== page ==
I’ve been a fan of Romantica since long before their debut album turned me into a fawning fan boy. The new material is great: atmospheric and soulful, dripping with depth and beauty. I haven’t seen the band play in a long time (they have been on hiatus), so this was the first time I saw the addition of Jayanthi Kyle on backing vocals (yes, she’s frontman Ben Kyle’s sister-in-law). Wow. I love the depth she adds. (And bonus: I was already a fan of her work, I just didn’t know it. She wrote the Black Lives Matter protest song, “Hand in Hand.”)

The show started with the mournful/hopeful “Harder to Hear,” which resonates with the doubt, depression and yearning of this season. Here’s a poorly filmed snippet:

Another stand out track is “Here It Comes,” which Jayanthi described as her favorite. Talk about soulful and yearning. Ben said the song came to him on the last day of recording, a gift. “Cecil Ingram Conor” is another barn-burner, though I’m not sure my crummy video does it justice (Ben’s solo living room performance might be a better taste).

So many other good tracks, but that’s a start. (And the letterpress packaging design is beautiful. Worth getting a physical copy.)

Braving the Minnesota tundra to discover tender music with the woman I love is like a tonic for my soul.


Is How I Feel About Trump How You Feel About Obama?

The presidential candidacy of Donald Trump scares me.  Like more than just the usual disagreement with someone with opposing political beliefs. This isn’t just pro-life vs. pro-choice or tax policy or foreign policy. It’s his proud racist/misogynistic/xenophobic views and his ‘I’m Trump, you suck’ demeanor.

And I’m not the only one scared of Trump.

This will be the fifth presidential election I’ve followed, and while I’ve disagreed with and spoken out against candidates, I’ve never been afraid of the possibility of one winning.

Maybe the scariest thing is that people are voting for Trump.

So here’s my honest question for my Republican friends: Is this how you feel about Obama?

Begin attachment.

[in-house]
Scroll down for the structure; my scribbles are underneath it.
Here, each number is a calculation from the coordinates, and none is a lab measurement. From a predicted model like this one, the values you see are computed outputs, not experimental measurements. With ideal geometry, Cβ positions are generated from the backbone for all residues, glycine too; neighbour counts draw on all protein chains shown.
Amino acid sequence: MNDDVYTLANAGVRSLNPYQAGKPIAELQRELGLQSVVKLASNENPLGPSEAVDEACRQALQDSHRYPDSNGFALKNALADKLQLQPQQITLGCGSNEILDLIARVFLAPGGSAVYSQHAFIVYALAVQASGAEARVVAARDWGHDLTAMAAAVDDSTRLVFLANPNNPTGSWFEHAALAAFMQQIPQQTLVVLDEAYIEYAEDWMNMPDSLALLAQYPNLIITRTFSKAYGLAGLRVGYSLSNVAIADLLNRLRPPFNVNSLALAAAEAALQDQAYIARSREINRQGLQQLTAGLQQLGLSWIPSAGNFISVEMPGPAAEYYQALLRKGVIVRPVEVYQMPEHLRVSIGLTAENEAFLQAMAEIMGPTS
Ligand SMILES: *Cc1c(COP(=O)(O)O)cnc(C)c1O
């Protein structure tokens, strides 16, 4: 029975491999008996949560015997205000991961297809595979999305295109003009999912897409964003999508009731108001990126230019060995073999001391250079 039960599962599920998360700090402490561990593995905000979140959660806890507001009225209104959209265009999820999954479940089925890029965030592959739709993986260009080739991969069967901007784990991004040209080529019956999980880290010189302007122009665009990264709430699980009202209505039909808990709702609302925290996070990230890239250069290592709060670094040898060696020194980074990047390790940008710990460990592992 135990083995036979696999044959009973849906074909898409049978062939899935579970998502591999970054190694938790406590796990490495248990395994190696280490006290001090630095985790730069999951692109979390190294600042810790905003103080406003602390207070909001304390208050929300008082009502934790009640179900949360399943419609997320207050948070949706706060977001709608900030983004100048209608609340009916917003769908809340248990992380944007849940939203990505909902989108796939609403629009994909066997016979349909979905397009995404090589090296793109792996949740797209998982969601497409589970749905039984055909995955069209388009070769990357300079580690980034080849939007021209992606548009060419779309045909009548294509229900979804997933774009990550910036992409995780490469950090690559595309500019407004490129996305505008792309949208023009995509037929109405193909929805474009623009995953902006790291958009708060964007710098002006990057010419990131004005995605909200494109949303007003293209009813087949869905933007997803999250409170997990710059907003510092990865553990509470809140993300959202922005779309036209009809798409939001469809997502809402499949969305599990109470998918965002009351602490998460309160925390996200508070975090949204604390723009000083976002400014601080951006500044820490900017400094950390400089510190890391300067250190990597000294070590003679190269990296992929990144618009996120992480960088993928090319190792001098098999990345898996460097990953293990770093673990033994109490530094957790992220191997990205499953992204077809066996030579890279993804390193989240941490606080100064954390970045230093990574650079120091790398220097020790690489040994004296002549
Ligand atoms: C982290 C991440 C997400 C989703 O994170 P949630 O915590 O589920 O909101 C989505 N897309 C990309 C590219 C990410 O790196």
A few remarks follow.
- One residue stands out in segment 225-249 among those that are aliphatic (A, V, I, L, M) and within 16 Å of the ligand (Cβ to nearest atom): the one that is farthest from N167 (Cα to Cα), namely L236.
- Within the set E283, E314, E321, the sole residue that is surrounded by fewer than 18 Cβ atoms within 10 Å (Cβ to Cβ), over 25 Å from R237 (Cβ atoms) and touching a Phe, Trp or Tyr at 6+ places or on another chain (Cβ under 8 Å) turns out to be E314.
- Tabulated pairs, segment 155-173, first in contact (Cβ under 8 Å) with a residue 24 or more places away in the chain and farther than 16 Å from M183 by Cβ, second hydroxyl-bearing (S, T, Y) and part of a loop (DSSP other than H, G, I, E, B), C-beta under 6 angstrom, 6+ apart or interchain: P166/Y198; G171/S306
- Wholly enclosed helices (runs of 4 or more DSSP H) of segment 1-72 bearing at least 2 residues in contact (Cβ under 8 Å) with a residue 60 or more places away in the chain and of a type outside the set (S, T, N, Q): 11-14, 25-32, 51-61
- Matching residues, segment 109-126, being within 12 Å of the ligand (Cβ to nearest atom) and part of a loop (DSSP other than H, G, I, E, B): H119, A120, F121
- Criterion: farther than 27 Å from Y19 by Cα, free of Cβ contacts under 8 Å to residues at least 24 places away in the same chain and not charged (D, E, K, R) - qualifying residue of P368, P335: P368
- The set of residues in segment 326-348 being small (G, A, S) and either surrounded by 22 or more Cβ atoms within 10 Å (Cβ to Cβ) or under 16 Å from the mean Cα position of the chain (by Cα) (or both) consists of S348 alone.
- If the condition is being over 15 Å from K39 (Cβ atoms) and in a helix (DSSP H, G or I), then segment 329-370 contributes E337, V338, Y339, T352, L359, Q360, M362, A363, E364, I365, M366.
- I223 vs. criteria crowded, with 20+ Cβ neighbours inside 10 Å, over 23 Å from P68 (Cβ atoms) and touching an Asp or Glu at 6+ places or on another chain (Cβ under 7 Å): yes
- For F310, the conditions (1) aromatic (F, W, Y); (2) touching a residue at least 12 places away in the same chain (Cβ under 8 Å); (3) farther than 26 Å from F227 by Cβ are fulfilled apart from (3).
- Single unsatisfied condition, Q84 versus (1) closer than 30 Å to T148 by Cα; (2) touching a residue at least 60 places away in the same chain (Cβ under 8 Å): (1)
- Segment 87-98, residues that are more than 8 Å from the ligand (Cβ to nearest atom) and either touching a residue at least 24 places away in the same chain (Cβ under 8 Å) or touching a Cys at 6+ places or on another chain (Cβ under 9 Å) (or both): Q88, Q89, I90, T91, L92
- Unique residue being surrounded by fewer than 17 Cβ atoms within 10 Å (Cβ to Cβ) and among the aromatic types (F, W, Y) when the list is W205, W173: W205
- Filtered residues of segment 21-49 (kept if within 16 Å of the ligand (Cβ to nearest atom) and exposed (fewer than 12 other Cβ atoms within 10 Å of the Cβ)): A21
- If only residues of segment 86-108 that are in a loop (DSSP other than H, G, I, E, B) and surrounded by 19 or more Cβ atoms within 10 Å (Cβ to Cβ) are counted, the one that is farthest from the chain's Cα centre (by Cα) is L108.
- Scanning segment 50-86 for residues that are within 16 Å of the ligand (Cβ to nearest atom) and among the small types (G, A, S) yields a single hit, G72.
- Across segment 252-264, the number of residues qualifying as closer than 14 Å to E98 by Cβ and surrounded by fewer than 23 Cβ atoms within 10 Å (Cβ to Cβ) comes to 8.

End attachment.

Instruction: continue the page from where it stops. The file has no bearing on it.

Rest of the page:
I get being passionately opposed to Obama, but except for the crazies (He’s a Muslim! He’s wasn’t born in the U.S.! … and who led that crowd? Oh yeah, Trump.), I would guess that opposition is mostly policy based. Or do you find Obama that odious?

Trump just feels like something different. I keep expecting his campaign to deflate as people come to their senses, but it just isn’t happening. (Yet. Lord, let it be ‘yet.’)

So are Republicans just as horrified by Trump? Even though we disagree on a lot of issues, is being anti-Trump something we can all agree on?

Or is Trump saying things that a lot of conservatives agree with and he’s just doing so with brashness and bluster that pisses off (and scares) someone like me?

I guess I’m asking if this is a fringe, splinter movement like George Wallace in 1968 (the pro-segregation campaign that captured 13% of the popular vote and carried five states for 46 electoral votes, possibly swinging the election—though I’m no political historian, so that last bit is uninformed speculation)? Or is this relatively mainstream GOP, just in a brassier packaging?

We’re a pretty polarized country right now. But one of those options means we have some hope. The other means it’s just going to get worse.

(FYI: I don’t like writing about politics. It usually starts Internet fights and I bristle when other people do it, so I hate doing it myself.  But sometimes you can’t sit there wondering about it anymore.)

Stuff I’m Enjoying Lately

A few months back I borrowed Addie Zierman’s post style and shared music I’ve been listening to lately. I keep meaning to do it again and put it off, so today I thought I’d share a smorgasbord of stuff I’m excited about lately: crowd-funded comic book projects, music, books, picture books, an event and a little self promotion about what I’ve been doing.

Comic Books to Support

The lack of diversity in, well, just about everything, is a common theme these days. That’s why I track the diversity in my reading and actively work to diversify my life (it’s slow going).

I think an important part of that is supporting diversity. Vote with your dollars. Today I came across two opportunities to do just that:

  • Black – What if only black people had super powers? That’s the premise of this comic book being funded on Kickstarter. The creators came to that question after thinking about the outsider nature of comic book super heroes vs. how people of color often feel like outsiders. The difference is most people of color can’t just take off the cape, as it were, and be “normal.” The project is nearly funded already (which is encouraging).